She represented Australia as an U19 in the Lifesaving World Championships last year and has just returned from the national competition on the Gold Coast with a gold, silver and bronze medal: We caught up with Alyssa Koenen to find out what it was like growing up with the sport on Magnetic Island, how it feels to mix it with Australia’s biggest names in the Nutri-Grain Ironman and Ironwoman Series, her plans for the future, and the sporting talent that runs in her family with her three siblings also excelling in their chosen sporting fields.
“You have all your friends at the club and the sport makes you stronger and more resilient to things you face in life”
With Alyssa’s mum and dad, Teri and Rob, owning the newsagency at Arcadia, it was an idyllic and outdoorsy upbringing for their daughters Breanna (20), Cara (19), Alyssa (17) and son Dirk (15). The kids were introduced to surf life saving at a young age and tried every sport that was offered on the island. “Mum and Dad said ‘school first’, but then they always wanted us to do sport and put us into as much sporting activity as possible,” Alyssa says. “There was a big push to get into surf life saving through school – it was something to do on a Sunday morning and suited the island life. In saying that, all sports on the island were popular: All four of us did AFL when we were younger – whatever was going, we joined in. Word got around as to what was happening so everyone would go down to the beach and have a go.”
While Alyssa continued with her surf life saving, winning Competitor of the Carnival at the Australian Surf Life Saving Championships (the Aussies) in Perth last year, Bre and Dirk immersed themselves in AFL, while Cara pursued netball. Dirk represented Queensland in the AFL U12 team and hopes to be selected for the U15 team this month (if his ankle injury heals in time), while Bre is playing AFL for the University of Queensland along with some Rep games, and Cara recently got a run-on with the Queensland Firebirds.
So, with so much talent, is there any inter-sibling rivalry? “We’ve always been pushing each other to do well at everything,” says Dirk, who does up to four after-school training sessions a week and a Saturday game. “There’s always a bit of friendly competition, but it’s been great.”
The Gold Coast Aussies that Alyssa has just returned from was her fourth national event and saw her enter a new age category – U19 – where she was up against some girls who were two years older. As well as sharing a tent with the likes of Ironwoman legends Courtney Hancock (who will be visiting next month for the Townsville Triathlon Festival), Harriet Brown, Krystal Smith and Rebecca Creedy; who are also members of the Gold Coast-based Northcliffe Surf Club and gave her plenty of tips; Alyssa performed well in the surf, winning the surf teams category, getting a silver in the rescue tubes, and bronze in her individual swim.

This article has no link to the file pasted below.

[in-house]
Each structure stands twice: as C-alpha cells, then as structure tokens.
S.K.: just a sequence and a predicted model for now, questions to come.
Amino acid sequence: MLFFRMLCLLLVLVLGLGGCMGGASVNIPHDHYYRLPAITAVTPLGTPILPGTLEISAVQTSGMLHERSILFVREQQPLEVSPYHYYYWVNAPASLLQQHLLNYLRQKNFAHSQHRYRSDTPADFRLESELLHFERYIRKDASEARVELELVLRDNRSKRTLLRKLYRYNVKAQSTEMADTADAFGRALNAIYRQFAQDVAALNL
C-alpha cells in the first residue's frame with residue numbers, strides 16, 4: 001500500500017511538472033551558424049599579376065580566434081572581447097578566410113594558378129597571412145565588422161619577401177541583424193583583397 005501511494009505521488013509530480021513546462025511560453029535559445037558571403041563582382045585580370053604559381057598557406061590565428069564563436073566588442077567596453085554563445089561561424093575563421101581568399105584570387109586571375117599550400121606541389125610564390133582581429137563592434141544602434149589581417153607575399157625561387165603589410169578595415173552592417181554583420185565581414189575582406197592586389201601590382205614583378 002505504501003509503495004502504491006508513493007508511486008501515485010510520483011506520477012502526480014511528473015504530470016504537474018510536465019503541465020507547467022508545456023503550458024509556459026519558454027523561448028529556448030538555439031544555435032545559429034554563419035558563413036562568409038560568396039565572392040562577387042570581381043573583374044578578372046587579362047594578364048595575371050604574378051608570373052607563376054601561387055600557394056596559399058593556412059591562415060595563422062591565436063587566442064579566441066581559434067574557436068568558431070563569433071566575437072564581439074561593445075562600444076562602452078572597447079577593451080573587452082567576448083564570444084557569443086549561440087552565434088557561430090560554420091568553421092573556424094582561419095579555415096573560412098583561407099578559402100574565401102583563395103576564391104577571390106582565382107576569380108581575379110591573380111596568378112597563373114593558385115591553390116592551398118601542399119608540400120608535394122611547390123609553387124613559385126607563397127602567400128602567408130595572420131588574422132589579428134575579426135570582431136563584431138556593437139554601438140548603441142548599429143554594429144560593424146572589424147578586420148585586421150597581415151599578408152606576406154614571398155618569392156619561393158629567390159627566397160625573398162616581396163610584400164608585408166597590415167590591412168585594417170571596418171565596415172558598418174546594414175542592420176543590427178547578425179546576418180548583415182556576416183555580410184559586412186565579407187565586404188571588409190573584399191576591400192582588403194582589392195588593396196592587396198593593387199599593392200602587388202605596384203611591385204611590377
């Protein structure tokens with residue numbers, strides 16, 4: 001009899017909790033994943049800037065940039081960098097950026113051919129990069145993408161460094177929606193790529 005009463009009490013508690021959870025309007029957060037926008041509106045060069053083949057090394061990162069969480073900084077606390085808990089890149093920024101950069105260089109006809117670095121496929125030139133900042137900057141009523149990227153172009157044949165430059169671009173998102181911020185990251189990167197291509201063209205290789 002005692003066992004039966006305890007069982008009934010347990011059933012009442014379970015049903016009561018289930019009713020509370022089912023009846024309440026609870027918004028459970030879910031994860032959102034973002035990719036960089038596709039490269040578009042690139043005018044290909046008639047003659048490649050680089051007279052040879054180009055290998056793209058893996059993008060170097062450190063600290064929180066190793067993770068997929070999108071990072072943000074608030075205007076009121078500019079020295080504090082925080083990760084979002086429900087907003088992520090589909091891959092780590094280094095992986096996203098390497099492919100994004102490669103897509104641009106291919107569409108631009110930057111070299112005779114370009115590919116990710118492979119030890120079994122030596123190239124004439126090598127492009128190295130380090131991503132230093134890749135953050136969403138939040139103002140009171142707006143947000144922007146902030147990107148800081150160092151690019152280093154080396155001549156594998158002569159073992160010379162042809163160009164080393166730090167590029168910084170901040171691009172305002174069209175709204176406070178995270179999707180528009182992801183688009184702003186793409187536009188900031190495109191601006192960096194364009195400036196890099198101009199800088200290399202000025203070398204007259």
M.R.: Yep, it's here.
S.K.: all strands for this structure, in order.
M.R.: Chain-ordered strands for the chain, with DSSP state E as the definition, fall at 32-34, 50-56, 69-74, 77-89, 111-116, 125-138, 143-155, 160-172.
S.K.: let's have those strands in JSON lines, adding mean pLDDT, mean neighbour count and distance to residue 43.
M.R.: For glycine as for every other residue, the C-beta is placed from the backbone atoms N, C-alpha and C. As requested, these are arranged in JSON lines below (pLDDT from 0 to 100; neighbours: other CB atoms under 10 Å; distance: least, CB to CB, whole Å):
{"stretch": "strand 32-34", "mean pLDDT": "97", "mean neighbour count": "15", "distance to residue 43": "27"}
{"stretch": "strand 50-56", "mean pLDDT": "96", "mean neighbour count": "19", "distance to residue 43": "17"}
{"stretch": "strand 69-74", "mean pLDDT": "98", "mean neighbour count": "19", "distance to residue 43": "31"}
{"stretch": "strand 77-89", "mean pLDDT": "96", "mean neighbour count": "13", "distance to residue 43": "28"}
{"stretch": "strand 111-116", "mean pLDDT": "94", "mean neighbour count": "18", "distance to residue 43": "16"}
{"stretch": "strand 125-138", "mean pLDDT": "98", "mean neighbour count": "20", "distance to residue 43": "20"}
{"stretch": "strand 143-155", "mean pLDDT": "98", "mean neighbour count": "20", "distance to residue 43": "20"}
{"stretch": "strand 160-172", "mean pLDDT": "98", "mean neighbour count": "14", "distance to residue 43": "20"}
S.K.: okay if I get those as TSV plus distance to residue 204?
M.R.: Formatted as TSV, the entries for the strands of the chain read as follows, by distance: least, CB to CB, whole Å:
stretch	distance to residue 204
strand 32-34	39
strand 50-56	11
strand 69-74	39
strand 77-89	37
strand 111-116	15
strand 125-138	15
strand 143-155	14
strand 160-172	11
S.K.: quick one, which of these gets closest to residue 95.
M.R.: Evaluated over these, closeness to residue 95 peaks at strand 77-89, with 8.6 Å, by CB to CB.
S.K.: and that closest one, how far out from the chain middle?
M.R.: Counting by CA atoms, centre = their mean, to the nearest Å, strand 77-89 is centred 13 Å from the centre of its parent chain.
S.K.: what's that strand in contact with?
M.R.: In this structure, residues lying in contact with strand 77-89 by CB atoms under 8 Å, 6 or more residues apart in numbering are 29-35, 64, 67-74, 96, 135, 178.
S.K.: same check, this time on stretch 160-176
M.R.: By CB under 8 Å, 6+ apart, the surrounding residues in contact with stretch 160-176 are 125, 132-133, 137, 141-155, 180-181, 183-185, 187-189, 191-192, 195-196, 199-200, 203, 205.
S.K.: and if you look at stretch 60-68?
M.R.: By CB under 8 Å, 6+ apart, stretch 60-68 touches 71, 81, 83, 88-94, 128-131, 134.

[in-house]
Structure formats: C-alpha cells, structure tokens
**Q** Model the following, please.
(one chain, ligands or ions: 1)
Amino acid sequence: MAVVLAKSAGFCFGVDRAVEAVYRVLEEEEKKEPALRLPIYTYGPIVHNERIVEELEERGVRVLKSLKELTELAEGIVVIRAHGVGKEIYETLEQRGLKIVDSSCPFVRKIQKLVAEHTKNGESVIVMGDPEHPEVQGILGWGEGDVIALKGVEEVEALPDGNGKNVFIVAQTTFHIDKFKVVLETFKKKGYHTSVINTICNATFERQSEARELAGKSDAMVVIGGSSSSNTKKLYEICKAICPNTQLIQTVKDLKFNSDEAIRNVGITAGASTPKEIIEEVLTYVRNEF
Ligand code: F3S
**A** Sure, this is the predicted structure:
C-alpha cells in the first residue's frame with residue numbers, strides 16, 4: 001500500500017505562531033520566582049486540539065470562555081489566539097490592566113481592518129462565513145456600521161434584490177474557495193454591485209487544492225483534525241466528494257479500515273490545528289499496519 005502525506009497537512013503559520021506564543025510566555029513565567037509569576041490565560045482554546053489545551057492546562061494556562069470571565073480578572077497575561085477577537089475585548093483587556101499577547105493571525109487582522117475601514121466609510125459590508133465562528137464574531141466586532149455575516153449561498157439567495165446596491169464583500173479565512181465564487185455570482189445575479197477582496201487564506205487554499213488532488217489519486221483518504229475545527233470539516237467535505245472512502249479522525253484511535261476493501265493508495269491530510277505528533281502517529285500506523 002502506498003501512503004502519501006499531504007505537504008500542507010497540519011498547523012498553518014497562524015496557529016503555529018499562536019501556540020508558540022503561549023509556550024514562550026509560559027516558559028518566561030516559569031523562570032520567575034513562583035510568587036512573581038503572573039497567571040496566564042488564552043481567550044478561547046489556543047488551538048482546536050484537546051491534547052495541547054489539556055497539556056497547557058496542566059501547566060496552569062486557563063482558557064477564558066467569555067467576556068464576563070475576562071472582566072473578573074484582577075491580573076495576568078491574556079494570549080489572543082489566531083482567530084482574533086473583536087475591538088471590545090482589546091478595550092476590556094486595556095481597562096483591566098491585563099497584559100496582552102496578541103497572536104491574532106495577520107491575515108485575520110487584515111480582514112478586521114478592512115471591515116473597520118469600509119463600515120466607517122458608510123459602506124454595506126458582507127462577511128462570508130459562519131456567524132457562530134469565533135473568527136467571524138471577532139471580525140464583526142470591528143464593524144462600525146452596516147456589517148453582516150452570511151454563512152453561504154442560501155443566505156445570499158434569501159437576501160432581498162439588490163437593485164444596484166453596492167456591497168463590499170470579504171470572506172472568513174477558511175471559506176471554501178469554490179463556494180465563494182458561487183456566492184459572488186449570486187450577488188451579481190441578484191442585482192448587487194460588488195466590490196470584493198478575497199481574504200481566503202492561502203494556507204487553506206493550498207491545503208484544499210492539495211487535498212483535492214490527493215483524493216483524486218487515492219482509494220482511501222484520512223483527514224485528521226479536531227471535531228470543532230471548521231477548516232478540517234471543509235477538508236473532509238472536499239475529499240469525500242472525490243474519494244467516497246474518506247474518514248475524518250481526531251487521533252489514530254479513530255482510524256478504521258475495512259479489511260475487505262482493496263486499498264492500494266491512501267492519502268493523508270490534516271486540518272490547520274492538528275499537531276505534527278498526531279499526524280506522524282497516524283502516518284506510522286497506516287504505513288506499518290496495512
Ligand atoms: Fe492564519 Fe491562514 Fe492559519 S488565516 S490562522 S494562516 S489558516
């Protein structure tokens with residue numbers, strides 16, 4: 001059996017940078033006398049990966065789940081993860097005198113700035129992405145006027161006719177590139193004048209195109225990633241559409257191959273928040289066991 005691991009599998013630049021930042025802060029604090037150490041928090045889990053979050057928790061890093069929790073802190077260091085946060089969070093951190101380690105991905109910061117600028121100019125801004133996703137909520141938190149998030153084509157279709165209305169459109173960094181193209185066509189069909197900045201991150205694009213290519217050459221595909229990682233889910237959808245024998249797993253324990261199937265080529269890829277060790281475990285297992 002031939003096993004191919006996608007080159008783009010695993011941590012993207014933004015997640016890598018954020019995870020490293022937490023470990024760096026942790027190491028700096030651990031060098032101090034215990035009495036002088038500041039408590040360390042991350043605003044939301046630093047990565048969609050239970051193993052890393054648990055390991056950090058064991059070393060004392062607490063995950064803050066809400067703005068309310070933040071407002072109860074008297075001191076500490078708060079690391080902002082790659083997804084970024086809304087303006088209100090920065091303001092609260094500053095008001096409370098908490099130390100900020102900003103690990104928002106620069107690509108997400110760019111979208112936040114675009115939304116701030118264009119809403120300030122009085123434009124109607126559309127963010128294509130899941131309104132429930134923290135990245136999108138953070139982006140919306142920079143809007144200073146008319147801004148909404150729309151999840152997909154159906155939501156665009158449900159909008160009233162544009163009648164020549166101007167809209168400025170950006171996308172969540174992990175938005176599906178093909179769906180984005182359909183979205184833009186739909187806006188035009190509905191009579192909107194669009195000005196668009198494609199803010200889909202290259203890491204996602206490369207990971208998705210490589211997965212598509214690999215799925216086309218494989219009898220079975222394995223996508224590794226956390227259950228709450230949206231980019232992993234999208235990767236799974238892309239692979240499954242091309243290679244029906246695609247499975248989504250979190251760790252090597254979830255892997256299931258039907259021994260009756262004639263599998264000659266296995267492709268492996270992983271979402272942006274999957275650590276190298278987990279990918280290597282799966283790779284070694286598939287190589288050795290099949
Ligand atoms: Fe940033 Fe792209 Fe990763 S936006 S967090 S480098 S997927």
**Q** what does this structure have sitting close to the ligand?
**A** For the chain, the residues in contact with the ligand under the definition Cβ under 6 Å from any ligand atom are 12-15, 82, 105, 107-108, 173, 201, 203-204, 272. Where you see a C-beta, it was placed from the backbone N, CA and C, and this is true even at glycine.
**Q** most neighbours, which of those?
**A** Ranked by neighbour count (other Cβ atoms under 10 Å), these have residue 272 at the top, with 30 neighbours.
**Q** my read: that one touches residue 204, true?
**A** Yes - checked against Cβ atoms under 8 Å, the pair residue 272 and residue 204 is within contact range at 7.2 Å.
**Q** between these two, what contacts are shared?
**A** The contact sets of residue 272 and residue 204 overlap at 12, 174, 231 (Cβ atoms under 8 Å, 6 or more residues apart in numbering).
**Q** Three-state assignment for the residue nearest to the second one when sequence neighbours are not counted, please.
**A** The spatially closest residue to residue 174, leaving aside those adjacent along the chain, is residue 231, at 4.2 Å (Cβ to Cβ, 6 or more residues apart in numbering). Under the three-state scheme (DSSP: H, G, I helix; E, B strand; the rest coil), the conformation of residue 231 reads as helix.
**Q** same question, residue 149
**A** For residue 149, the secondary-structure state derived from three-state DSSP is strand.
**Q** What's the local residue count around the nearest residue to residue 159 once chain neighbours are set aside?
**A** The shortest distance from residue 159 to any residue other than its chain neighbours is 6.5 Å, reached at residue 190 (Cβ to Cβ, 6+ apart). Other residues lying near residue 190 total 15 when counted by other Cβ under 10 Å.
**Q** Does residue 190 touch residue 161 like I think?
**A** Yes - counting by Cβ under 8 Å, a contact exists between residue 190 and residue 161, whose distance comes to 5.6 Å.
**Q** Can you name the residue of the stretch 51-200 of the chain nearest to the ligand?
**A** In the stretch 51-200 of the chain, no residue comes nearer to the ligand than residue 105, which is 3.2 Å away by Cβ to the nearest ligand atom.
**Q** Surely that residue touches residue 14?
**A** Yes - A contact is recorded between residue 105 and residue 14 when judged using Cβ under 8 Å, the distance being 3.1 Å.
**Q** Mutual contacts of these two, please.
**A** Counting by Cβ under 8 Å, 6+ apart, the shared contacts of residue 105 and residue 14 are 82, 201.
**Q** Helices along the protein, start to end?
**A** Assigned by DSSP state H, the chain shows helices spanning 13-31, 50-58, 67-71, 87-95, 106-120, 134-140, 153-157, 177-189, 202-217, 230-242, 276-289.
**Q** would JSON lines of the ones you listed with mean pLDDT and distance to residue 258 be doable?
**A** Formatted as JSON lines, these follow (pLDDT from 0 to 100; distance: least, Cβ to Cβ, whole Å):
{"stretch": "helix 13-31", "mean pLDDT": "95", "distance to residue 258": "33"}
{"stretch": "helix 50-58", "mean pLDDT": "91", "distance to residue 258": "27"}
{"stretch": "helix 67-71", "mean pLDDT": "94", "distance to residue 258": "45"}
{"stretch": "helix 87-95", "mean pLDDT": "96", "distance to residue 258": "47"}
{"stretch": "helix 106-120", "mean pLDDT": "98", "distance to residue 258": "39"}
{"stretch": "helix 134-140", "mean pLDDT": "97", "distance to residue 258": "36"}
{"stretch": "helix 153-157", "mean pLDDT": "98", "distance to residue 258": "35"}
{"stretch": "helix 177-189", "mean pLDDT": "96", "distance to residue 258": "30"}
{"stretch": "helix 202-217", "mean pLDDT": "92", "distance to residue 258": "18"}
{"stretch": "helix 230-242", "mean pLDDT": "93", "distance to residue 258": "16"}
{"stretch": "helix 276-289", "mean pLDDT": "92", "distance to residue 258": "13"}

“It was really close in the swim – I think the three of us girls all came out together and I had an unlucky run up the beach,” Alyssa says. “I also did the open surf race and I got seventh in that, which I was pretty happy with.”
Alyssa is hoping to represent Australia again at the end of the year in the Pool Rescue Championships in Germany. She is planning to move to the Gold Coast later this year so that she can improve in the surf, and then make a decision about whether she ultimately wants to focus on the swimming pool or open water.
“My swimming is definitely the strongest component. With my craft, because we don’t have surf here, it makes it really tricky… that’s one of the reasons I joined the Northcliffe Club – I was able to go down three weeks before and train in the surf,” says Alyssa. “As much as I love it here, we are disadvantaged compared to being on the coast because they train in those conditions every day.
“I need to make a decision soon about whether to go with pool rescue or surf. I’m just going to see how I go when I go down south at the end of the year. If I improve in the surf I’ll stick with it, but if I don’t improve as much as I hope then I may cross over to pool rescue. It is fairly beneficial to be competitive in both components of the sport mainly for team selections, however, in the end if you want to do really well you need to pick one and concentrate on that one area within the sport.”
Alyssa is continuing her training in the ocean and pool, but has recently introduced some gym-based power-boosting exercises with trainers Justin Smith and Caitlin Braddick at Alpha Omega Health, which she says definitely made her more explosive in the most recent competition.
In terms of her performance tips for others, she says – while she gets nervous on the start line – she tries to remember that it’s what she’s been training hard for. She’s also a big fan of making the most out of transition time in multi-discipline events like the Ironwoman.
“I always find that it’s important to take your transitions fairly hard because that’s when a lot of other people are at their weakest and use it as a recovery,” she says. “But if you see it as another phase of the competition and use your transitions a lot more, that helps,” Alyssa says.
She’s also grateful to her mum and dad for all their support over the years and encourages other parents to get their kids involved in sport from a young age. She admits that it hasn’t always been easy, especially in Year 12 last year, and there have been sacrifices she’s needed to make (like being in bed at 8.30 every night as a teenager), but it’s been worth it:
“While you miss out on doing things with friends, I think, on the other hand, it’s better socially because you have all your friends at the club and the sport makes you stronger and more resilient to things you face in life,” Alyssa says.
“I’ve definitely had to sacrifice a few things, but I’m happy with what I’ve done. And my time management skills are certainly up there!”